The U.S. East Coast has been hit with hurricanelike flooding in recent weeks, with South Carolina and Georgia getting the latest round. High tides are part of the problem, but there's another risk that has been slowly creeping up: sea level rise.
With the United Nations' climate conference in Scotland turning a spotlight on climate change policies and the impact of global warming, it's useful to understand what the science shows.
At the time, the U.S. oil industry, the group's president, Frank Ikard, said, "carbon dioxide is being added to the earth's atmosphere by the burning of coal, oil, and natural gas at such a rate that by the year 2000 the heat balance will be so modified as possibly to cause marked changes in climate."
As cities work toward decreasing their climate impact, they're running up against some opponents in the gas industry.
As a major U.N. climate conference gets underway on Oct. 31, 2021, you'll be hearing a lot of technical terms tossed around: mitigation, carbon neutral, sustainable development. The language can feel overwhelming.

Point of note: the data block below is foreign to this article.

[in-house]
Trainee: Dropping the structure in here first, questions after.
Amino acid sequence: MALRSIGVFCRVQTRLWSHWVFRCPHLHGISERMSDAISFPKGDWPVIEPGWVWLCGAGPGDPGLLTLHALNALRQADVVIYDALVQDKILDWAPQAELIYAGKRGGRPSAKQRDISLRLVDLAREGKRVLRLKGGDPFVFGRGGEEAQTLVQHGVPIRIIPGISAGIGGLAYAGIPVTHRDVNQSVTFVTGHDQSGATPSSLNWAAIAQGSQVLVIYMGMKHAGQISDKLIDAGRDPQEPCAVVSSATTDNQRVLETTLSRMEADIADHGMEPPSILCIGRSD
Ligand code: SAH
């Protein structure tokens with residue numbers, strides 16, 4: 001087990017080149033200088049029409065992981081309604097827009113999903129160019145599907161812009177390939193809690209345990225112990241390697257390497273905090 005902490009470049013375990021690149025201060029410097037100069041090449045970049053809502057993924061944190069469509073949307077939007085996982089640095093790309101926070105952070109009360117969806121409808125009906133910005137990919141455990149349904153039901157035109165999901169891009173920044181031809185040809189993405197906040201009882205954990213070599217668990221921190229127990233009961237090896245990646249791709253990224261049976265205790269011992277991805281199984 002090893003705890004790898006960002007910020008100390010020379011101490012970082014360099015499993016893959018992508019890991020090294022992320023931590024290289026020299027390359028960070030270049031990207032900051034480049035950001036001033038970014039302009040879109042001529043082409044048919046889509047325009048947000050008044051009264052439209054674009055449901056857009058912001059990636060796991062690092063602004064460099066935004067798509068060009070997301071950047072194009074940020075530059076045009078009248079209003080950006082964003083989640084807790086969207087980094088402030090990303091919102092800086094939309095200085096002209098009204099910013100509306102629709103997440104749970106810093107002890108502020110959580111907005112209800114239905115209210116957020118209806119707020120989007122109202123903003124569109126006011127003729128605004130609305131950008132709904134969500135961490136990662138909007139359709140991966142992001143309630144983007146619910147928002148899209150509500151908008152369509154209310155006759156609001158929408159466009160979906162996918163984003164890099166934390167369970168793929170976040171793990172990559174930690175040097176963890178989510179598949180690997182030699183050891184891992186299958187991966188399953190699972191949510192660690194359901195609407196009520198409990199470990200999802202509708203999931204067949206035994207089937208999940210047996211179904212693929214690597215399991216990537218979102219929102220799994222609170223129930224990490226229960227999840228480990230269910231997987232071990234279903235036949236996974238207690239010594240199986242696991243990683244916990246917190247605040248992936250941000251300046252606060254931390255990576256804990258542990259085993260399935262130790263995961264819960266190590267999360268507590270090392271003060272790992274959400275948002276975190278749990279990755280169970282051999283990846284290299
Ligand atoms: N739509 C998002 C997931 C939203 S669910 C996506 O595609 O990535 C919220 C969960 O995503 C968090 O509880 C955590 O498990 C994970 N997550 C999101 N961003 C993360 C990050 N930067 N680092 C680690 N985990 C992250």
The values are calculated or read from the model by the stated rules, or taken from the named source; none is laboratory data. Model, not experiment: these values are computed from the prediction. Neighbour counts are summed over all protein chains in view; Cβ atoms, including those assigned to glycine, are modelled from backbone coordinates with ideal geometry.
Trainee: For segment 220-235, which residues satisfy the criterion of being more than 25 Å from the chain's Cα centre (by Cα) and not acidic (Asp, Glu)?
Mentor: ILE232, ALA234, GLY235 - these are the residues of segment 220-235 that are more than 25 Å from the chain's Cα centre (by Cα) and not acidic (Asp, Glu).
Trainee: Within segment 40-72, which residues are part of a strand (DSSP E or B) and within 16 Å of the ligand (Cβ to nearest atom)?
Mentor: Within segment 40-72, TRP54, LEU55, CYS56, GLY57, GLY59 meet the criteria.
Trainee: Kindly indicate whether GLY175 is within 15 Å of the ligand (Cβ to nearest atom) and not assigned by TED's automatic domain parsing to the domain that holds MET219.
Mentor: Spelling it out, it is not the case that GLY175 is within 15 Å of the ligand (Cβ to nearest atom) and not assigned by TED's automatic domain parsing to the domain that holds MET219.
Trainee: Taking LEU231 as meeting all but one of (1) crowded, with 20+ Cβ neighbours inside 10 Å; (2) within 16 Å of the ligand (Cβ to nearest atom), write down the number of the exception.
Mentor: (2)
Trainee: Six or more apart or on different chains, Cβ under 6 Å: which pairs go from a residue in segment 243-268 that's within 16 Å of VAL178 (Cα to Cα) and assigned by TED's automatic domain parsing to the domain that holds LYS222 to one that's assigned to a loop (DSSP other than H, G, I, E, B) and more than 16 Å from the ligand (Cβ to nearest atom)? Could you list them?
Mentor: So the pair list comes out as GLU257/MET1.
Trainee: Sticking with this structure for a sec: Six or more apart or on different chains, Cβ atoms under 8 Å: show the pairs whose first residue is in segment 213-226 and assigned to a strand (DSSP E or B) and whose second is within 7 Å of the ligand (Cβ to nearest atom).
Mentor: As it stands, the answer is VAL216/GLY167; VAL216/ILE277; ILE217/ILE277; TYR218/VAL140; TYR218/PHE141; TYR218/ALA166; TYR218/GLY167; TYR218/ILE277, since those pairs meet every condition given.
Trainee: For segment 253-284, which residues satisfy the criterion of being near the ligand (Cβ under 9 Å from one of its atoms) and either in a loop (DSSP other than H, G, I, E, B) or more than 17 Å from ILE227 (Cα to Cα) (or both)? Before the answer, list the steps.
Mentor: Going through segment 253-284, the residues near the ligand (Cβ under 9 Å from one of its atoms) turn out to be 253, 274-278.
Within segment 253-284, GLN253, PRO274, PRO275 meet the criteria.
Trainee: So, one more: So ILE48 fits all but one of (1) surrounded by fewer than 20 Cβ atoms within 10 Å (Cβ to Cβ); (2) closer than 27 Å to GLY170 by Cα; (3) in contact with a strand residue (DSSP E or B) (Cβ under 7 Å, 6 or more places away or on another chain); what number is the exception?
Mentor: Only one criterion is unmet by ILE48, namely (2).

Ask people to name the world's largest river, and most will probably guess that it's the Amazon, the Nile or the Mississippi. In fact, some of Earth's largest rivers are in the sky.
A powerful storm system known as an atmospheric river is heading for northern California and Oregon, a region in the midst of an historic drought.
A rating agency is warning water shortages in western states reliant on the Colorado River could lead to rate hikes that would be unaffordable for some.
When Seattle's new sports and concert arena opened its doors to the public in October 2021, many were left scratching heads as to what the heck the building's name was about.
Californians have been concerned about wildfires for a long time, but the past two years have left many of them fearful and questioning whether any solutions to the fire crisis truly exist.